Two decades later, the child of Mary and Joseph, whom the world would know as “Jesus Christ”, began to engage a world that was preparing to receive him.

The World in Which Jesus was Born

Jesus grew up in Galilee, which projected a multicultural identity and brought together a greater variety of ethnicities than Judea, the center of Judaism at the time. Only certain pockets of Galilee were dominated by Jews. Neighboring Judea, predominantly Jewish, was directly under the rule of a Roman prefect, the most famous of whom was Pontius Pilate. Galilee was ruled by Herod Agrippa at the time of Jesus’ birth. In some sense, Jesus’ family might be compared to “Canadians” with US citizenship visiting the United States. To reach Judea, they had to travel south, first crossing the border of Galilee and then the border of Samaria before arriving in Judea, which, along with Samaria, was directly under the rule of the Romans.

Caesar Augustus, who presided over the Roman Empire at the time of Jesus’ birth, strove for a disciplined Roman citizenry; the foundation of which was the nuclear family, characterized by monogamous couples of husband and wife. Rome’s religion relied on two volatile parental figures, Jupiter and Juno, who had been adopted and adapted from the Greeks’ Zeus and Hera whom the philosopher Socrates was said to have “doubted” like many other Greeks in his time.

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“All roads lead to Rome” was more than a metaphor; it referred to the Roman highway system, beginning with the Appian Way that brought the known world of the time together through 80,000 kilometers of paved roads extending from Britain to Mesopotamia. These highways made it possible for Rome to trade with lands as far away as China’s Han Empire. It also guaranteed that at the moment when the Messiah appeared, his message could potentially reach the known world in a short period of time.

Rome’s rulers guaranteed the safe flow of commerce based on the hard-won Pax Romana. Rome provided a cultural matrix for the region that it dominated and claimed to protect through its military might. Indeed, because of Rome, there was a measurable “peace on earth” at Jesus’ birth, even if imposed by Rome’s armies. Along with its impressive construct of governance, language, culture, and commerce, Rome, at its apex, inspired its citizens with an optimistic vision of a secure future that even Romans of Jewish heritage, like Saul of Tarsus, found appealing.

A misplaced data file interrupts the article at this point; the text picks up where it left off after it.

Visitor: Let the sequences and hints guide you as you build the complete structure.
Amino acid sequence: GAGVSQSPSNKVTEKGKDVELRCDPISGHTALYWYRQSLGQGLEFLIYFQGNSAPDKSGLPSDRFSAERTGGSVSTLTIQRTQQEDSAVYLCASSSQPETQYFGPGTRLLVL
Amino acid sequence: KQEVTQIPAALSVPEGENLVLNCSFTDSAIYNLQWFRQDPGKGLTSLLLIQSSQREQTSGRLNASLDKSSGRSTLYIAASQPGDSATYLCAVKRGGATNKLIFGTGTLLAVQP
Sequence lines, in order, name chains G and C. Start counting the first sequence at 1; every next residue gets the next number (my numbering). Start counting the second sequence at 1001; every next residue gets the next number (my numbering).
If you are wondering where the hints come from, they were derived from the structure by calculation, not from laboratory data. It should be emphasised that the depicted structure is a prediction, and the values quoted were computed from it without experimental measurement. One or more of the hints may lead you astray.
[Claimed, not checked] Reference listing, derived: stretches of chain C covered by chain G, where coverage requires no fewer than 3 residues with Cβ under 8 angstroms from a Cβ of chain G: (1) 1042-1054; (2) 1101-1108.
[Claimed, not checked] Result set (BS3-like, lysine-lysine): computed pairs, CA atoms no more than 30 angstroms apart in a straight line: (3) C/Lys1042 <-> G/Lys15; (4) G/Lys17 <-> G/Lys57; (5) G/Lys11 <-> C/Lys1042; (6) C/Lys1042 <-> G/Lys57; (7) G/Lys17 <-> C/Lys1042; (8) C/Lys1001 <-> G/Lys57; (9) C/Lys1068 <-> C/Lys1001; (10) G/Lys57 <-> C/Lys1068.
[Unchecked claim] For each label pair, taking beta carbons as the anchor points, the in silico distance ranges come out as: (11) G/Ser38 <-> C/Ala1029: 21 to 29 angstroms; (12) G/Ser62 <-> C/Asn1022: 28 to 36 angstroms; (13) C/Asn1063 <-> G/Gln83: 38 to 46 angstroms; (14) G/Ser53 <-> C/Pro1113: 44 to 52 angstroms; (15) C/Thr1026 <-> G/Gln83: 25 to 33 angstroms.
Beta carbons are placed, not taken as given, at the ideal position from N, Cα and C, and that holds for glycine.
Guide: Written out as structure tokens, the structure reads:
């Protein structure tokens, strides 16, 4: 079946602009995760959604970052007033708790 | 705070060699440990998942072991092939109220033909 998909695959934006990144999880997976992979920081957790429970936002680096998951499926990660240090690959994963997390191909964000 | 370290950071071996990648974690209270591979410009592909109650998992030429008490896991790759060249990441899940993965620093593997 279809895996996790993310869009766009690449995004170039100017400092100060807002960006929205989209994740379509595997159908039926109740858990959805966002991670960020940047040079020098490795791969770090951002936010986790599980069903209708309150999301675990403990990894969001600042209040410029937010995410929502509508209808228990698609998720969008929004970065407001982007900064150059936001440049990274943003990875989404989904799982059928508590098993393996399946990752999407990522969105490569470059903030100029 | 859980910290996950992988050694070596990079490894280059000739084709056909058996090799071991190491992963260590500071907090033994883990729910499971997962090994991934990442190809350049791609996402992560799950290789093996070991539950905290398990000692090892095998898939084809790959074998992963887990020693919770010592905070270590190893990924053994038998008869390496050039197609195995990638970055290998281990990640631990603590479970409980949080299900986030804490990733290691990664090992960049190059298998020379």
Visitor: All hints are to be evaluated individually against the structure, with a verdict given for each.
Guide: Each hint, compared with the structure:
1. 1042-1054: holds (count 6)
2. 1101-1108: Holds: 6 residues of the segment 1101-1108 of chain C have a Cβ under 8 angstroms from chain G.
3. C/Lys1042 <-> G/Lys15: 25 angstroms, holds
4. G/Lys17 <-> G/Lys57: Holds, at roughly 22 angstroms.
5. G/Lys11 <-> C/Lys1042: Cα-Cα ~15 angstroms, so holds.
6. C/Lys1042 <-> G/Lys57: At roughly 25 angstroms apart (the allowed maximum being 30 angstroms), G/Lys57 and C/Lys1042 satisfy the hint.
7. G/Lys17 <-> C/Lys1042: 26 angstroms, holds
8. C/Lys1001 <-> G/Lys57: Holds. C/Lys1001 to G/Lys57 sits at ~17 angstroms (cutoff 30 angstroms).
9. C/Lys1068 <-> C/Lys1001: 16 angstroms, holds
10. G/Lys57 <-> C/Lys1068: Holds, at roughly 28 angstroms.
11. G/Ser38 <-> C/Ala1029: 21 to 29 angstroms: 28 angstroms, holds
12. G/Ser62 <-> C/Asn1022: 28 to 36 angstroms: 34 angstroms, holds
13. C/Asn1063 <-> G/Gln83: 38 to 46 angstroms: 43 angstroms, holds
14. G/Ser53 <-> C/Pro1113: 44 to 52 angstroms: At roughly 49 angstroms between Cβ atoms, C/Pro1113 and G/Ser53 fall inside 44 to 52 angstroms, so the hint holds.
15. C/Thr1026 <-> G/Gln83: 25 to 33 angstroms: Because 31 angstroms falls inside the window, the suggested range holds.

In Judea, a critical crossroads of the Empire, the prophetically inspired aspiration for freedom and independence from Rome whetted the apocalyptic appetites of militant Zealots, as well as those of the more reserved Essene ascetics, the purist yet more socially integrated Pharisees and, to some extent, even the Sadducees, who, among these, probably found the most solace in Rome’s leaders. Jesus was born in the midst of a cacophony of political and religious viewpoints. Yet in the centuries that led up to Jesus’ birth, the world was moving towards a philosophically and spiritually based awakening.

Thomas Ward is a Unification Scholar who has served as Dean of the University of Bridgeport’s College of Public and International Affairs and is the Co-Chair of the Research Institute for the Integration of World Thought, an academic institute created by Reverend Moon in 1999 to oversee the development of Unification Thought in the United States.

Be sure to tell us what you think in the comments. Most of all, we look forward to learning and starting a discussion will all of you!